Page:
By Summer Chan
Currently, the regulators of the world are all facing the same problem. How should we regulate crypto-assets? The reason behind the mind-boggling issue is the nature of the token varies from commodities to derivatives.
Regulators of United States
For instance, the Securities and Exchanges Commission (SEC) labels cryptocurrencies as securities. On the other hand, the Commodity Futures Trading Commission (CFTC) identifies crypto-assets as commodities. CFTC suggested that Bitcoin has more similarity to gold than securities; the government neither backs it nor would it incur liabilities. Oddly, Financial Crimes Enforcement Network (FINCEN), the agency that governs AML/KYC, and U.S. Office of Foreign Assets Control (OFAC), view cryptocurrencies as money.
The last label of cryptocurrency is property, provided by the Internal Revenue Service (IRS). Unsurprisingly, the definition of the property in this context is not a building but a form of revenue subjected to tax.
Regulators of Singapore
On 30 Nov 2018, the Monetary Authority of Singapore (MAS), took an intriguing approach against cryptocurrencies. Instead of labelling them, MAS suggested digital tokens issuers/exchanges to examine the features of each token. The Digital Token offering guide released by MAS illustrated 11 case studies for the applicability of securities law on digital token issuer and exchanges.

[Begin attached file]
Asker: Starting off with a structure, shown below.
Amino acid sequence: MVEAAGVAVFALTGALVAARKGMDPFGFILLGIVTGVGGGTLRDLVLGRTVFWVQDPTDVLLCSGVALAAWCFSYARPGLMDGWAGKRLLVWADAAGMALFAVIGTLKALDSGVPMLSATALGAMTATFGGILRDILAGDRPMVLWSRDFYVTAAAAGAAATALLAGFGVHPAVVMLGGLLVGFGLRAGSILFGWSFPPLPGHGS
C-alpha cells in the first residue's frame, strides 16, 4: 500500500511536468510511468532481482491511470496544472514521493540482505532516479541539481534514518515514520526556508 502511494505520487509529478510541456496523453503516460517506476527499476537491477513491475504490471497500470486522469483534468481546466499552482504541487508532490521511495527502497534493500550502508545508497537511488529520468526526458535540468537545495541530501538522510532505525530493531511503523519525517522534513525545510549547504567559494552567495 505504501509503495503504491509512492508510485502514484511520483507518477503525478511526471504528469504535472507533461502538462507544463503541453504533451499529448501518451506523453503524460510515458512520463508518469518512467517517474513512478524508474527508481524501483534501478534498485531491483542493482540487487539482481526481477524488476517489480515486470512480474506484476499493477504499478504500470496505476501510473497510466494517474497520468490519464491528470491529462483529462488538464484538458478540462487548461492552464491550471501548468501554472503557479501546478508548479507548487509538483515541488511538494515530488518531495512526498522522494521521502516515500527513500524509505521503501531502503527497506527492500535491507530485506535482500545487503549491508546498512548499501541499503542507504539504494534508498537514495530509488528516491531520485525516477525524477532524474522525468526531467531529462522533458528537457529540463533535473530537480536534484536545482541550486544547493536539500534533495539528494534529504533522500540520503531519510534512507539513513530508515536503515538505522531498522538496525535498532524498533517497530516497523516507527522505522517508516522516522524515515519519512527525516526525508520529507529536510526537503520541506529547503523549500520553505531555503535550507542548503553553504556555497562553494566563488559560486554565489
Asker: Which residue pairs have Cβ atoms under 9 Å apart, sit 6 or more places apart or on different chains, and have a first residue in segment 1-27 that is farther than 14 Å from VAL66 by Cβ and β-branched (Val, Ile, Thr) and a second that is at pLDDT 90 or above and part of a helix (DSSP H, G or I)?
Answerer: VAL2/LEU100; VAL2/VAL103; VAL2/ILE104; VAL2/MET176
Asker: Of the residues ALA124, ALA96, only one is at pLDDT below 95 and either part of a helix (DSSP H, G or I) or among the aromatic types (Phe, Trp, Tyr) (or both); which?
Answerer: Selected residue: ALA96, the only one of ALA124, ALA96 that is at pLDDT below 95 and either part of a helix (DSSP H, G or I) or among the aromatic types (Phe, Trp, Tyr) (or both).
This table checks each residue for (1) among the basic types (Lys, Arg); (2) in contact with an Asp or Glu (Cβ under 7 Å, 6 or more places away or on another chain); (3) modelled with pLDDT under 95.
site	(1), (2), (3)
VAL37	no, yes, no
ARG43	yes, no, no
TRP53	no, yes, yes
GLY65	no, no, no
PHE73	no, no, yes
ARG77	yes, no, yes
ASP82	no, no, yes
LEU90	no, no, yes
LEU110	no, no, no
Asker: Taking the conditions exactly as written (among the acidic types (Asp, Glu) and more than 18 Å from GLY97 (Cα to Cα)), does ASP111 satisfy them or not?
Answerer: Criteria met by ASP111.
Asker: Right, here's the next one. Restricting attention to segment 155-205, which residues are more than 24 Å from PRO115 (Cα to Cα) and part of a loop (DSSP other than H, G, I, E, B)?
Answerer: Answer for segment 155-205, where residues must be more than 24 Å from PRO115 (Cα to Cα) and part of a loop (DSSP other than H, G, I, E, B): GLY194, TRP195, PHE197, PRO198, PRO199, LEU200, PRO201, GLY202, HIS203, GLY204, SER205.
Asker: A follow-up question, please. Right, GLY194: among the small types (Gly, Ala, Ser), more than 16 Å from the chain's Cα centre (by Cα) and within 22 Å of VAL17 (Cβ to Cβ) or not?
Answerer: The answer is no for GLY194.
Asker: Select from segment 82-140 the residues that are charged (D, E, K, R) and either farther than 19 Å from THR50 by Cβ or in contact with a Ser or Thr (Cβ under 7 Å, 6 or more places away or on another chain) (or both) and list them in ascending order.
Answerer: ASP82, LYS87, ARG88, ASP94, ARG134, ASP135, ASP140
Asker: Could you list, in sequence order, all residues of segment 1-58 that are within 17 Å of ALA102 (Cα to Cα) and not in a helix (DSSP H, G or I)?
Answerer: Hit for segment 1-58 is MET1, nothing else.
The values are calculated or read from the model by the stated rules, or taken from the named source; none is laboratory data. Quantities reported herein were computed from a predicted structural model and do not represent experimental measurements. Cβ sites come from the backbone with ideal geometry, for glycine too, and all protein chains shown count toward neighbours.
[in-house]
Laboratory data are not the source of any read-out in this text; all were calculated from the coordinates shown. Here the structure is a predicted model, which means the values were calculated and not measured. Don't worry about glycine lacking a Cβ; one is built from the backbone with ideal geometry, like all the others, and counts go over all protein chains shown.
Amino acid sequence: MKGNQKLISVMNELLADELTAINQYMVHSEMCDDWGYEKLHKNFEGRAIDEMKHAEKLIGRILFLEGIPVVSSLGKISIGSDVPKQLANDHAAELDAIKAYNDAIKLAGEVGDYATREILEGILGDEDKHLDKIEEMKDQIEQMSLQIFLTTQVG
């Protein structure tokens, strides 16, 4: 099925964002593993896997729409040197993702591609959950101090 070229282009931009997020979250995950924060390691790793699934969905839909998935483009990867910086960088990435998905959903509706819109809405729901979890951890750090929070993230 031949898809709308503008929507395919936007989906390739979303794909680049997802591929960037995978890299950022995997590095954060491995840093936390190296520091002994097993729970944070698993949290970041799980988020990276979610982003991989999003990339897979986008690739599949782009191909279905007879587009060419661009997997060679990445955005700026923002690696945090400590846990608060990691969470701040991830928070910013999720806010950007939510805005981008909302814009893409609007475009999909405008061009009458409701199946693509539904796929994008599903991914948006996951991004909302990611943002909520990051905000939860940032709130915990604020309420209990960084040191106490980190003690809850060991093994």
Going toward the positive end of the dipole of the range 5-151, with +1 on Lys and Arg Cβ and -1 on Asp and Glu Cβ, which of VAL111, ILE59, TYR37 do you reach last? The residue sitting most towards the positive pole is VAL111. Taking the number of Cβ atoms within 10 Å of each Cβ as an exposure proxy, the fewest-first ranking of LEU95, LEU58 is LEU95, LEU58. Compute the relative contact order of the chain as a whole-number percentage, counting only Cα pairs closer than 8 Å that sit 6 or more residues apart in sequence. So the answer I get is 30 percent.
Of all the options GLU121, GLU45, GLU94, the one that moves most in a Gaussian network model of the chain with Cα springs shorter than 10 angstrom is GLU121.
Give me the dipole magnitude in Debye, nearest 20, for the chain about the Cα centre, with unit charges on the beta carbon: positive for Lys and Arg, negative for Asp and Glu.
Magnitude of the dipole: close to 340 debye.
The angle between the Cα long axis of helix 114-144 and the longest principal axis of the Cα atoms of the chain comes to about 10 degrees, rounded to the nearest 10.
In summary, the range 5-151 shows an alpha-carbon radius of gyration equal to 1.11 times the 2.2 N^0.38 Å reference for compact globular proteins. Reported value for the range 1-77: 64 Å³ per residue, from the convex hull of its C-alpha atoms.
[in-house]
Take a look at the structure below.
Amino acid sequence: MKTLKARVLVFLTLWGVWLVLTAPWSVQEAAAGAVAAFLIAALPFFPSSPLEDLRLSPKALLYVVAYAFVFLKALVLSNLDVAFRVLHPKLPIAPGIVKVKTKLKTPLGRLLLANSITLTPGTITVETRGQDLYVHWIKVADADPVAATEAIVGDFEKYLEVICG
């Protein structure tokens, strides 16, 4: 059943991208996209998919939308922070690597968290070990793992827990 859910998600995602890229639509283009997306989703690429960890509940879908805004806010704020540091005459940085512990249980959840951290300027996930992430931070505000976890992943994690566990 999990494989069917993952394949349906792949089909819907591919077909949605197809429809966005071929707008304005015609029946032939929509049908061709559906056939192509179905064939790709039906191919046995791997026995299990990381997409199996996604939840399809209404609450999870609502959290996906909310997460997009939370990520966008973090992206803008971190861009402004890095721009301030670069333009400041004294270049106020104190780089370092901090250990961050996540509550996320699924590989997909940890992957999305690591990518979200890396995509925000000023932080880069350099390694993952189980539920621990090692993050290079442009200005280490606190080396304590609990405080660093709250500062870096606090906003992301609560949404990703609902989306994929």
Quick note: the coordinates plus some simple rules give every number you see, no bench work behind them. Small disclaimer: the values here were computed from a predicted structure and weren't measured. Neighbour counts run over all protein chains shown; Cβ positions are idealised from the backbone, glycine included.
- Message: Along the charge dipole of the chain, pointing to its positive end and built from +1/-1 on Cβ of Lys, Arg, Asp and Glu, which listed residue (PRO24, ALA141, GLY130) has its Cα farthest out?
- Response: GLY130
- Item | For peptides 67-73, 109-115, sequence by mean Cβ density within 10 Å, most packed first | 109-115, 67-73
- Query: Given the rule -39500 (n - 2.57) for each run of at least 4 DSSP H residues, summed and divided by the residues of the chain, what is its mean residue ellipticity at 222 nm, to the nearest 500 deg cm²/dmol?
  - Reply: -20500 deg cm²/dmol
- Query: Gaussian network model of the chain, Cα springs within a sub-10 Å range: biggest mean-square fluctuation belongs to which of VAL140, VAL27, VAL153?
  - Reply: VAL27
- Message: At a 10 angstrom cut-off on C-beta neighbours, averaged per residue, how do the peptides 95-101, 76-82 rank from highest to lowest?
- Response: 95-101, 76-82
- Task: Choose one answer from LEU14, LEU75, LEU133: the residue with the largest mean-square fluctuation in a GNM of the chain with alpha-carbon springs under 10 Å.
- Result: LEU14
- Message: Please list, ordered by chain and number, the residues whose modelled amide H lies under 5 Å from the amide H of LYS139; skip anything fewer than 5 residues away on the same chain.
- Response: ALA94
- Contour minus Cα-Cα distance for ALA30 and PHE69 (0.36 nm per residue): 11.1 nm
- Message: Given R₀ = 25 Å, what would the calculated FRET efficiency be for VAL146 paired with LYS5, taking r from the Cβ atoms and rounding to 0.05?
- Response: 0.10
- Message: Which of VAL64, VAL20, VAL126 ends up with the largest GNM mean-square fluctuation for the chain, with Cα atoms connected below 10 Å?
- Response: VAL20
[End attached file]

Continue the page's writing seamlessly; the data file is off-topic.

If the token does not fall under any of the 11 case studies, does it mean the project owners could not issue the tokens? The short answer is no.
The long answer is that the onus is on the token issuer to seek legal advice, and where applicable, comply with prospectus requirements under the SFA before commencing on their token offering. Moreover, the legal advice has to be provided by a Singapore qualified lawyer.
Digital Token Issuers and exchanges should also be aware of the Payment Service Bill mentioned in the guide. Once the bill is passed, a licensing regime will be in place for the digital tokens issuers/facilitators; the license will seek to address the risk of money laundering and terrorism risk by requiring them to implement procedures that reduce the risk.
Rest of the world
Leaders of the world joined the G20 Summit and brought up the subject of cryptocurrencies during the discussion of sustainable economic growth. The whole of crypto market cap is currently worth $470 Billion, much higher than the major banks in the world (refer to Figure 1). It might not necessarily become a bubble, but the fluctuations of the crypto market can send ripples to traditional capital/forex markets. Therefore, summit members acknowledged that the global financial infrastructure is becoming more digitalised and have sought to take stronger measures on cryptocurrency and blockchain businesses. Furthermore, there were calls for the government to enact clearer tax laws on crypto assets and trading.
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Originally published at www.blockasia.io on Dec 6, 2018.